3. The claimant has the following severe impairments: Degenerative disc disease of the cervical and lumbar spine; osteoarthritis of the left knee; chronic obstructive pulmonary disease/bronchitis; a depressive disorder; and anxiety disorder (20 CFR 404.1520(c) and 416.920(c)).
4. The claimant does not have an impairment or combination of impairments that meets or medically equals one of the listed impairments in 20 CFR Part 404, Subpart P, Appendix 1 (20 CFR 404.1520(d), 404.1525, and 404.1526, 416.920(d), 416.925 and 416.926).
5. After careful consideration of the entire record, I find that the claimant has the residual functional capacity to perform light work as defined in 20 CFR 404.1567(b) and 416.967(b) which does not require lifting more than 15 pounds occasionally and 10 pounds frequently; sitting standing, and walking are possible for 6 to 8 hours, each, with allowance for normal work breaks; the claimant must avoid excessive exposure to dust, smoke, fumes, and other pulmonary irritants; she can do no work involving heights, moving machinery or similar hazards; she is limited to unskilled job tasks (SVP1-2) involving only occasional contact with the general public.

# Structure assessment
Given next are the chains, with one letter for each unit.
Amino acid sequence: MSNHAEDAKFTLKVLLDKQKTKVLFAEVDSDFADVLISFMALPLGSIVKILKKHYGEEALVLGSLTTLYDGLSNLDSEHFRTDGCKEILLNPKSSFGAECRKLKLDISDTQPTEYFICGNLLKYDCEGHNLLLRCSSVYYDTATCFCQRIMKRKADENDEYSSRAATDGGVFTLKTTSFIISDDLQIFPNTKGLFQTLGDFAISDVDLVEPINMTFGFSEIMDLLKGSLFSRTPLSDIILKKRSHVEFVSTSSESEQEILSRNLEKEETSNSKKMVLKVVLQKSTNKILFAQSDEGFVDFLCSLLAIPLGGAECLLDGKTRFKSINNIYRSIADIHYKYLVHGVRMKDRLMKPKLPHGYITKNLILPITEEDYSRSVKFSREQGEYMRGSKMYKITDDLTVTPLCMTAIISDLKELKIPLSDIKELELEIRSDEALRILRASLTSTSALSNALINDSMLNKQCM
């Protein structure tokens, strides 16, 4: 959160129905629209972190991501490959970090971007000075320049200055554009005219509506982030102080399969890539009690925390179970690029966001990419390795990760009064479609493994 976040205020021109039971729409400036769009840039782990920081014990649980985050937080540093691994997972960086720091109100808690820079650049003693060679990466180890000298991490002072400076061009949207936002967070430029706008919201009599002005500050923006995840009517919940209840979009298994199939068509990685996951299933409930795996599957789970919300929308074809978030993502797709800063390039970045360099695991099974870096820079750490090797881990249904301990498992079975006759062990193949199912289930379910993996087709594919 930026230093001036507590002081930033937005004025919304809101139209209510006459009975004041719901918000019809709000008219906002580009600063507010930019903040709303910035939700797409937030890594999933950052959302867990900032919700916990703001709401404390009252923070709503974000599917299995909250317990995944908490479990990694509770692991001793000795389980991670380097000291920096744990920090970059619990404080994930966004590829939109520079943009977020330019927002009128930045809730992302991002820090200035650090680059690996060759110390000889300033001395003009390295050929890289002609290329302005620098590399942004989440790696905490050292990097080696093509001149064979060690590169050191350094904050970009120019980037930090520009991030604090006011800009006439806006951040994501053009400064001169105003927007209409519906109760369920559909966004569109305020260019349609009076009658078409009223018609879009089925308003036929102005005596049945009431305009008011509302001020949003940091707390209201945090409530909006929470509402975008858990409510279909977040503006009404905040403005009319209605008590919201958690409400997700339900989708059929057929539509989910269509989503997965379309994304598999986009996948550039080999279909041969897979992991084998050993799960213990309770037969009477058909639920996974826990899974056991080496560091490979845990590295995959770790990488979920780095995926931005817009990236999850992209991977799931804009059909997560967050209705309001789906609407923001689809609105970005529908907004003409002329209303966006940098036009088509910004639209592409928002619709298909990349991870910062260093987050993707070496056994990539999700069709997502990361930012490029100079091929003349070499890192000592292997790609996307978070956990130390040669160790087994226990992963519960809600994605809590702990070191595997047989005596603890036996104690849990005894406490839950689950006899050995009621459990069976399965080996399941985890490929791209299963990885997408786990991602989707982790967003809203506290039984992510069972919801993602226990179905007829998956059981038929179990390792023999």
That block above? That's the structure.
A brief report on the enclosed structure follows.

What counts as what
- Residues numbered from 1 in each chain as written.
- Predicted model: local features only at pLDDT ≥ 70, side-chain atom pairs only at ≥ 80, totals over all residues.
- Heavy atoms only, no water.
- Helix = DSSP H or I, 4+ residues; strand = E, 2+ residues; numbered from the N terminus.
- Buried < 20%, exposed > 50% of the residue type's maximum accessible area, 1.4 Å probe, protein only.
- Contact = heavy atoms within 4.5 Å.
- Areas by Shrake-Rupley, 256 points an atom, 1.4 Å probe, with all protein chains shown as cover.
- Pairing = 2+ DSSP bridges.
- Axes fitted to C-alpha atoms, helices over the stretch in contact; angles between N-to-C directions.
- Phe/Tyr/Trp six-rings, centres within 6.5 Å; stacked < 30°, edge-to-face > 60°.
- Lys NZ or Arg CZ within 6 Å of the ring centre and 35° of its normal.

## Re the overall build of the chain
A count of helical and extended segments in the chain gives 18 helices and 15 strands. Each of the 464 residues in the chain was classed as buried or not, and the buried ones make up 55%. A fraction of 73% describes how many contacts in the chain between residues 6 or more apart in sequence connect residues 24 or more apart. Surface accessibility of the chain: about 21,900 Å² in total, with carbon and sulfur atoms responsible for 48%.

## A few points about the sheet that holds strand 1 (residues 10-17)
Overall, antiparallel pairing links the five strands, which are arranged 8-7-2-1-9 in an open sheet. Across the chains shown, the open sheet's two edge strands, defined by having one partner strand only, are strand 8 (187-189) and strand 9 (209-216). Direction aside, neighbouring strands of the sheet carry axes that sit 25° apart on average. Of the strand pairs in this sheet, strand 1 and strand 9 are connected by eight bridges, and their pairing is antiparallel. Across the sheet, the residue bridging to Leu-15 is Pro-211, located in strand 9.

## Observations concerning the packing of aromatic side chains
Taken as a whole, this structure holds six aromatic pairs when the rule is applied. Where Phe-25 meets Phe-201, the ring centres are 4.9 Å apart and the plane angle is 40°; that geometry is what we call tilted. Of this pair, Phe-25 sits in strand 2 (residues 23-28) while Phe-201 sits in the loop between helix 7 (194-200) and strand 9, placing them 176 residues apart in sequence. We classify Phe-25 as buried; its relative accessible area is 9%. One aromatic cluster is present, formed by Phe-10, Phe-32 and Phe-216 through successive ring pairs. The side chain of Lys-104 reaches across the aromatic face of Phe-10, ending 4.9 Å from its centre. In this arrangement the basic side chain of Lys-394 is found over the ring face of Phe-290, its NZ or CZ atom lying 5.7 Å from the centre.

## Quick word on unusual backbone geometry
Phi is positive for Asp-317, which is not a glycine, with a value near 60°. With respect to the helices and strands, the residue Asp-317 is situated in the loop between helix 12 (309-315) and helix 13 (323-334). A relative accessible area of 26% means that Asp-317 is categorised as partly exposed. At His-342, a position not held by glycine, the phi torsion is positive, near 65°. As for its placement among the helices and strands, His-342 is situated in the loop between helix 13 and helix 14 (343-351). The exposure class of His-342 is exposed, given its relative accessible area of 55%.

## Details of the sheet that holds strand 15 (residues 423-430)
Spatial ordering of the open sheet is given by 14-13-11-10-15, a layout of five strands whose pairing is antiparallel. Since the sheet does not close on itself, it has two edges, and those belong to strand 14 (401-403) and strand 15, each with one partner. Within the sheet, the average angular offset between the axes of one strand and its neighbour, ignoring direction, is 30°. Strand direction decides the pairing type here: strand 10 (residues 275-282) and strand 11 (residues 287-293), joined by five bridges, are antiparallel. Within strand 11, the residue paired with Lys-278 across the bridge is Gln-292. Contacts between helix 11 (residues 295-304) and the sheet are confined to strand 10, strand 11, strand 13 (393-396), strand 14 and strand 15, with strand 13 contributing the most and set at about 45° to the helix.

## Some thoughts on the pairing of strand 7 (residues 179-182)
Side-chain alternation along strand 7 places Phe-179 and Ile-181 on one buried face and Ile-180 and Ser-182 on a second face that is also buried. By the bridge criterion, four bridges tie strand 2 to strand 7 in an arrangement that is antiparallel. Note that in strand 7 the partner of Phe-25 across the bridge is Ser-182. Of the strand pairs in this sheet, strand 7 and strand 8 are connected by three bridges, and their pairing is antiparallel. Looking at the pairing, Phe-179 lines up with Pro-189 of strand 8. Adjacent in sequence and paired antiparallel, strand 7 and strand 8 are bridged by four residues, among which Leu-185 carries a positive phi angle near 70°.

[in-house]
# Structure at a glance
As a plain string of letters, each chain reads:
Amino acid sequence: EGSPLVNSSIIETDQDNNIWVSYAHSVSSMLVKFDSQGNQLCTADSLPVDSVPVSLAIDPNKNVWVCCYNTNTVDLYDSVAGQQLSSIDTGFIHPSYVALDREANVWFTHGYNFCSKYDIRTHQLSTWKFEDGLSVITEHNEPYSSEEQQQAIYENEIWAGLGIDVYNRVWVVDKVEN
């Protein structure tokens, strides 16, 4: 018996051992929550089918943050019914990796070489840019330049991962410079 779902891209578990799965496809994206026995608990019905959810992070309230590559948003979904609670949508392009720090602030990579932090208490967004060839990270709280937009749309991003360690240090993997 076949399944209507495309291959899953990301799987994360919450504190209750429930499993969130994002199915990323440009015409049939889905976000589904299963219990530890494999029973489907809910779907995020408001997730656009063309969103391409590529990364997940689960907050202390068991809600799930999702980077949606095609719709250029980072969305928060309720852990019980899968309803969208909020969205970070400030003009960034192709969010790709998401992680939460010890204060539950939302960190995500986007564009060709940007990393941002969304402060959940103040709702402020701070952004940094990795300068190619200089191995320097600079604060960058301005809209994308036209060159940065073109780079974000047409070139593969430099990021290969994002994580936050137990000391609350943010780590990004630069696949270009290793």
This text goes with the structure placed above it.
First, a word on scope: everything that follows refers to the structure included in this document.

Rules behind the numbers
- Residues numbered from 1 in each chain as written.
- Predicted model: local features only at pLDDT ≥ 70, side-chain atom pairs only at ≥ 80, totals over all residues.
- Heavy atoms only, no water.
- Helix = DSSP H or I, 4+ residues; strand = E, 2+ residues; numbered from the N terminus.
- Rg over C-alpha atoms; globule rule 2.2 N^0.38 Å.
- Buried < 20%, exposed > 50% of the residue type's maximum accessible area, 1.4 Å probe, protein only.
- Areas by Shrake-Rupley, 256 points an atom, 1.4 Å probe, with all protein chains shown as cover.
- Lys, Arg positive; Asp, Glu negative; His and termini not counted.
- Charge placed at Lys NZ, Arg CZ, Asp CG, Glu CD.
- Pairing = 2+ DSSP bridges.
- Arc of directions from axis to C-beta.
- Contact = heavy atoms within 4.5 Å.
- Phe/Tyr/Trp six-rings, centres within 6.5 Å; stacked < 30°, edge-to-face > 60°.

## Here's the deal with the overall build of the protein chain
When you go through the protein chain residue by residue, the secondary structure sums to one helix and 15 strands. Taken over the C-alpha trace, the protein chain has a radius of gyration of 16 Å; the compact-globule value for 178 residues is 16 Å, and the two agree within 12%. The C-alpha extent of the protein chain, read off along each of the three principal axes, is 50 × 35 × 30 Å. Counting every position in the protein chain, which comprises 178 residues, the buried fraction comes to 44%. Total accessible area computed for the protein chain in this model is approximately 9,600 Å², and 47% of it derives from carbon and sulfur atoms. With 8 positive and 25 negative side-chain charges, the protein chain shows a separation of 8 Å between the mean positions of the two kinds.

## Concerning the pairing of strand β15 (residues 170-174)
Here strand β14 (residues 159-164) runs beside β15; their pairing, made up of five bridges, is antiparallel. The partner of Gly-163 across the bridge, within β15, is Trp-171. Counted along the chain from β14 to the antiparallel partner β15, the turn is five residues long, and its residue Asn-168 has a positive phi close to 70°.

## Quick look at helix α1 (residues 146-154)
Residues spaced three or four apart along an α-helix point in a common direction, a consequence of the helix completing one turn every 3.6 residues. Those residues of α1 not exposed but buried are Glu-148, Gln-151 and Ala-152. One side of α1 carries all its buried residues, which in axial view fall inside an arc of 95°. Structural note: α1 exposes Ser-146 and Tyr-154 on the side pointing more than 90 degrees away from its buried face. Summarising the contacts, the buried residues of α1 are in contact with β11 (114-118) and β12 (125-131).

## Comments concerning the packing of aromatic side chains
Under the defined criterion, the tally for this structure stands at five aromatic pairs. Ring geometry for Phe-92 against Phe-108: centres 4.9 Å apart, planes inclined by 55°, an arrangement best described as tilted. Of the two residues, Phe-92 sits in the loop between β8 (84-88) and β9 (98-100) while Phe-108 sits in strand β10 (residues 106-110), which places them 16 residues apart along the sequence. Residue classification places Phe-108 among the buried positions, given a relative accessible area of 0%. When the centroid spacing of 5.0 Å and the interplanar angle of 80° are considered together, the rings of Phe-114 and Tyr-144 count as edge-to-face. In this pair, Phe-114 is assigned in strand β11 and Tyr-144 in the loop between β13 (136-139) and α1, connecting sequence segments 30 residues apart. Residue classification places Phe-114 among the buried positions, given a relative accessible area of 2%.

6. The claimant is unable to perform any past relevant work (20 CFR 404.1565 and 416.965).
7. The claimant was born on September 19, 1963 and was 45 years old, which is defined as a younger individual age 18-49, on the alleged disability onset date (20 CFR 404.1563 and 416.963).